Sept. 22 — Circle Internet Financial Limited became the first virtual currency business to be licensed under New York’s new BitLicense, the state’s Department of Financial Services said Sept. 22.
The BitLicense, which became the first in the nation to specifically regulate virtual currency when it was approved in June, has been criticized by Bitcoin advocates such as the group Coin Center. The critics, which include several Bitcoin companies that stopped doing business in New York because of the license, have said it creates regulatory hurdles that could stifle innovation in the still-emerging technology.
New York acting superintendent of financial services Anthony Albanese said in a Sept. 22 statement announcing Circle’s licensing that the new license will ultimately help the industry by increasing consumer confidence. The issuance of the first BitLicense “is an important milestone in the long-term development of the virtual currency industry,” Albanese said. “Putting in place rules of the road that help protect consumers from loss or theft and root out illicit activity is vital to building trust in this new financial technology.”
While several states license Bitcoin companies under money transmitter laws, New York was the first to create a license specifically for virtual currency. The license requires that companies be well capitalized and have proper disclosure and cybersecurity procedures, New York Department of Financial Services spokesman Matt Anderson told Bloomberg BNA in a Sept. 22 interview.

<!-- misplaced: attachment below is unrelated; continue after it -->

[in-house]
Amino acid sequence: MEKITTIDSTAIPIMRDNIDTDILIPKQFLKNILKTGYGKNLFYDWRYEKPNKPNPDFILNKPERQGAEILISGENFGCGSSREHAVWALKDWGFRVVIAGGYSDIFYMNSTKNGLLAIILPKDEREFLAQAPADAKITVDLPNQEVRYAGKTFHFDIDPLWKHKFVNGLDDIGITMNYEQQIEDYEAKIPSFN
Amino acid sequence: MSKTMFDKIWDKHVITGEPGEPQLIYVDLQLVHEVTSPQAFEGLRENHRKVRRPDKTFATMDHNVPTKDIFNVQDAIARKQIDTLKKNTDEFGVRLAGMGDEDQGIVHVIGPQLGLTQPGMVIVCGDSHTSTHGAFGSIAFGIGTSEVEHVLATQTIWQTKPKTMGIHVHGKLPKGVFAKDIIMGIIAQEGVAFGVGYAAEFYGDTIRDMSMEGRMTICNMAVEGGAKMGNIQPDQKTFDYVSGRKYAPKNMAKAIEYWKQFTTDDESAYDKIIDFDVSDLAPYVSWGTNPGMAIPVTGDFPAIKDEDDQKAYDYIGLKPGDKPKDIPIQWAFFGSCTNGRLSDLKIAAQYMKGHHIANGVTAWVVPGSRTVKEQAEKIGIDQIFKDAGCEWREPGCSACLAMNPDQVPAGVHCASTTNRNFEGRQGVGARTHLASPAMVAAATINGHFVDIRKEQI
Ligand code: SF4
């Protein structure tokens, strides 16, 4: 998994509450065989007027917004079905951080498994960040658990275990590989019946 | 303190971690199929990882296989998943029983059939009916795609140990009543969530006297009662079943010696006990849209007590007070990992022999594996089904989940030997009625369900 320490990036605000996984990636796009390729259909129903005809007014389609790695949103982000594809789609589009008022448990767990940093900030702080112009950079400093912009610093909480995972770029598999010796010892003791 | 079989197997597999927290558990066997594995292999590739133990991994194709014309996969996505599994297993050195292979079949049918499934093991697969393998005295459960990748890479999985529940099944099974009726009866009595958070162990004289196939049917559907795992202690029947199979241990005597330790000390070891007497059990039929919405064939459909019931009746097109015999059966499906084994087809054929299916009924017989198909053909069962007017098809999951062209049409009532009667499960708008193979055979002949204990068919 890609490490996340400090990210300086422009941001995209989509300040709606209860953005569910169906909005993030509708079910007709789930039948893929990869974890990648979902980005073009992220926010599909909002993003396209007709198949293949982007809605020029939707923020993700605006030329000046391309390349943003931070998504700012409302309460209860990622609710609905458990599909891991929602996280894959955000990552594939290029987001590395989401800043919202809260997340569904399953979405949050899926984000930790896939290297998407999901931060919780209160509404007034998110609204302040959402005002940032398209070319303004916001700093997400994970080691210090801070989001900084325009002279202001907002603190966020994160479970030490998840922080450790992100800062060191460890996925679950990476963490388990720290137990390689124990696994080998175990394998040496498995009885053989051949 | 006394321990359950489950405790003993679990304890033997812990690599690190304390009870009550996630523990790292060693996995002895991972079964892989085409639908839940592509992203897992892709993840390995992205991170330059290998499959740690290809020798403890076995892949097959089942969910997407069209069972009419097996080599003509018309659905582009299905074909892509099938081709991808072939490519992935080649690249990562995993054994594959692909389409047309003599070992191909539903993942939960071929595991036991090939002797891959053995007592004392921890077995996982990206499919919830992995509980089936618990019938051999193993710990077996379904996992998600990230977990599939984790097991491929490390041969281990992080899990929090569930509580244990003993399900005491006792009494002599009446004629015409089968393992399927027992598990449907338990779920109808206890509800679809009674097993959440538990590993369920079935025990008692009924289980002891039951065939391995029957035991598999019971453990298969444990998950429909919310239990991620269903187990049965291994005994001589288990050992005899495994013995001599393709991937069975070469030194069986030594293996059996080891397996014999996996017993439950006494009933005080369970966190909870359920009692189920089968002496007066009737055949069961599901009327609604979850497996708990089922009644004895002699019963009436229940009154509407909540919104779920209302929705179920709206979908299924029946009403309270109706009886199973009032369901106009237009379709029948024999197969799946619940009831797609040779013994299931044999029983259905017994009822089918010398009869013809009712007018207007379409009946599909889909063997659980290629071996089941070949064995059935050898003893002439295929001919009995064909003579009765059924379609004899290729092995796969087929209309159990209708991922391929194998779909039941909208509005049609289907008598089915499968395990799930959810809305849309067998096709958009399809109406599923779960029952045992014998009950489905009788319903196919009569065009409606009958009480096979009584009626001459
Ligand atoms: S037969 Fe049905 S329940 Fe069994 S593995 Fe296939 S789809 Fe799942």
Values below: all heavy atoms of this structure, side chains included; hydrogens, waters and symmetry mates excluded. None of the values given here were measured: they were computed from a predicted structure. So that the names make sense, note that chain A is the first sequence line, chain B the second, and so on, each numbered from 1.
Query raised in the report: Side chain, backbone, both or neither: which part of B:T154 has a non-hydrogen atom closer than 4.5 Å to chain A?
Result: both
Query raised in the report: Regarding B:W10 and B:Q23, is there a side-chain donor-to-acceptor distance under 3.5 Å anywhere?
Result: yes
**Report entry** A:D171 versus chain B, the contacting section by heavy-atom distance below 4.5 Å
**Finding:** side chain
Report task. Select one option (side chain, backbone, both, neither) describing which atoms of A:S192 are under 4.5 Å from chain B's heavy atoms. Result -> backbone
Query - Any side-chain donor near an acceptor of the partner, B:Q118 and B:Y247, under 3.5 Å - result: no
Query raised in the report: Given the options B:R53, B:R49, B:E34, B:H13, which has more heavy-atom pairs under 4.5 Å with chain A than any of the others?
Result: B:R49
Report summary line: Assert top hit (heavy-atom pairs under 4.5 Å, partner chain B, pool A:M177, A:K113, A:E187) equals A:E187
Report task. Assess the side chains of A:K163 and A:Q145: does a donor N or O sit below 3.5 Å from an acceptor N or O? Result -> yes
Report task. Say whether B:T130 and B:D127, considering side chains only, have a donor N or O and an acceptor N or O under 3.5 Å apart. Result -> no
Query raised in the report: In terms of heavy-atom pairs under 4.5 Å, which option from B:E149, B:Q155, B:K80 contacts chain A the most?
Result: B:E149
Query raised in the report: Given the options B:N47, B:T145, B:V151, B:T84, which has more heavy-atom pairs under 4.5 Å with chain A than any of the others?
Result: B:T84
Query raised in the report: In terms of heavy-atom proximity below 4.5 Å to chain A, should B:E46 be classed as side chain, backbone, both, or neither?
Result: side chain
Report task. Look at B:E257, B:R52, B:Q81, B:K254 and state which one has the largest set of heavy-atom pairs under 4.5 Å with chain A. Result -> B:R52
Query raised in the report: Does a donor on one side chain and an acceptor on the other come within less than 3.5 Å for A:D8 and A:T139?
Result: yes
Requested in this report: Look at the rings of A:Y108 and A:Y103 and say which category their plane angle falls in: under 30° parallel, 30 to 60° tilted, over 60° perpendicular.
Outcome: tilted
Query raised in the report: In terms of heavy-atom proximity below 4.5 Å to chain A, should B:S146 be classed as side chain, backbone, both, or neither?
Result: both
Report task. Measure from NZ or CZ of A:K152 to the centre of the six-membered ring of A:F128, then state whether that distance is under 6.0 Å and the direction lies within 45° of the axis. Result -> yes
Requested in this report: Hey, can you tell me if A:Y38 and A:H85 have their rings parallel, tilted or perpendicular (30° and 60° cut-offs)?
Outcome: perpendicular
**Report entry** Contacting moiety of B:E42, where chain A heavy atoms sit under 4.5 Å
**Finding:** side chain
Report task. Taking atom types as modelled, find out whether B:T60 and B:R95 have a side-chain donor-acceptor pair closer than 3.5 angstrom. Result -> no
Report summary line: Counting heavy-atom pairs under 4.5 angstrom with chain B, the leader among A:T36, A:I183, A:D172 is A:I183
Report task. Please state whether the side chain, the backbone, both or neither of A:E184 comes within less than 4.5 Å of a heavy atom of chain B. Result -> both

“There are always going to be folks who want less or no regulations,” Anderson said. “Our broader hope is that this will spur a race to the top among digital currency companies.”
Despite departures by some businesses, 25 virtual currency businesses have applied for the license, Anderson said.
Coin Center spokesman Neeraj Agrawal, however, said his group remains concerned that other states might copy the BitLicense. “Not only is there an application fee for the BitLicense but there are significant legal costs associated with the actual preparation of the application,” he told Bloomberg BNA in a Sept. 22 e-mail.
The license only includes a “costly compliance regime” that goes beyond other payment companies, he said. “Multiply those costs by 50 as more and more states follow New York's example, and you've got a serious barrier to innovation,” he said.
A Circle spokesman referred Bloomberg BNA to a Sept. 22 blog post by the Bitcoin company’s co-founders Sean Neville and Jeremy Allaire. Initial concerns about the BitLicense have been resolved, “and though still not perfect, the BitLicense and its requirements became clear and irrefutable prerequisites for serving and supporting everyone in New York,” Neville and Allaire wrote.
The company on April 29 announced it received $50 million in investments from Goldman Sachs and IDG Capital Partners. It said in the Sept. 22 blog post that it is now allows customers to hold U.S. dollars in the companies and make Bitcoin transactions without purchasing the virtual currency and “being exposed to bitcoin price volatility.” The company instantly converts one currency into the other as customers send and receive bitcoins, the blog post said.
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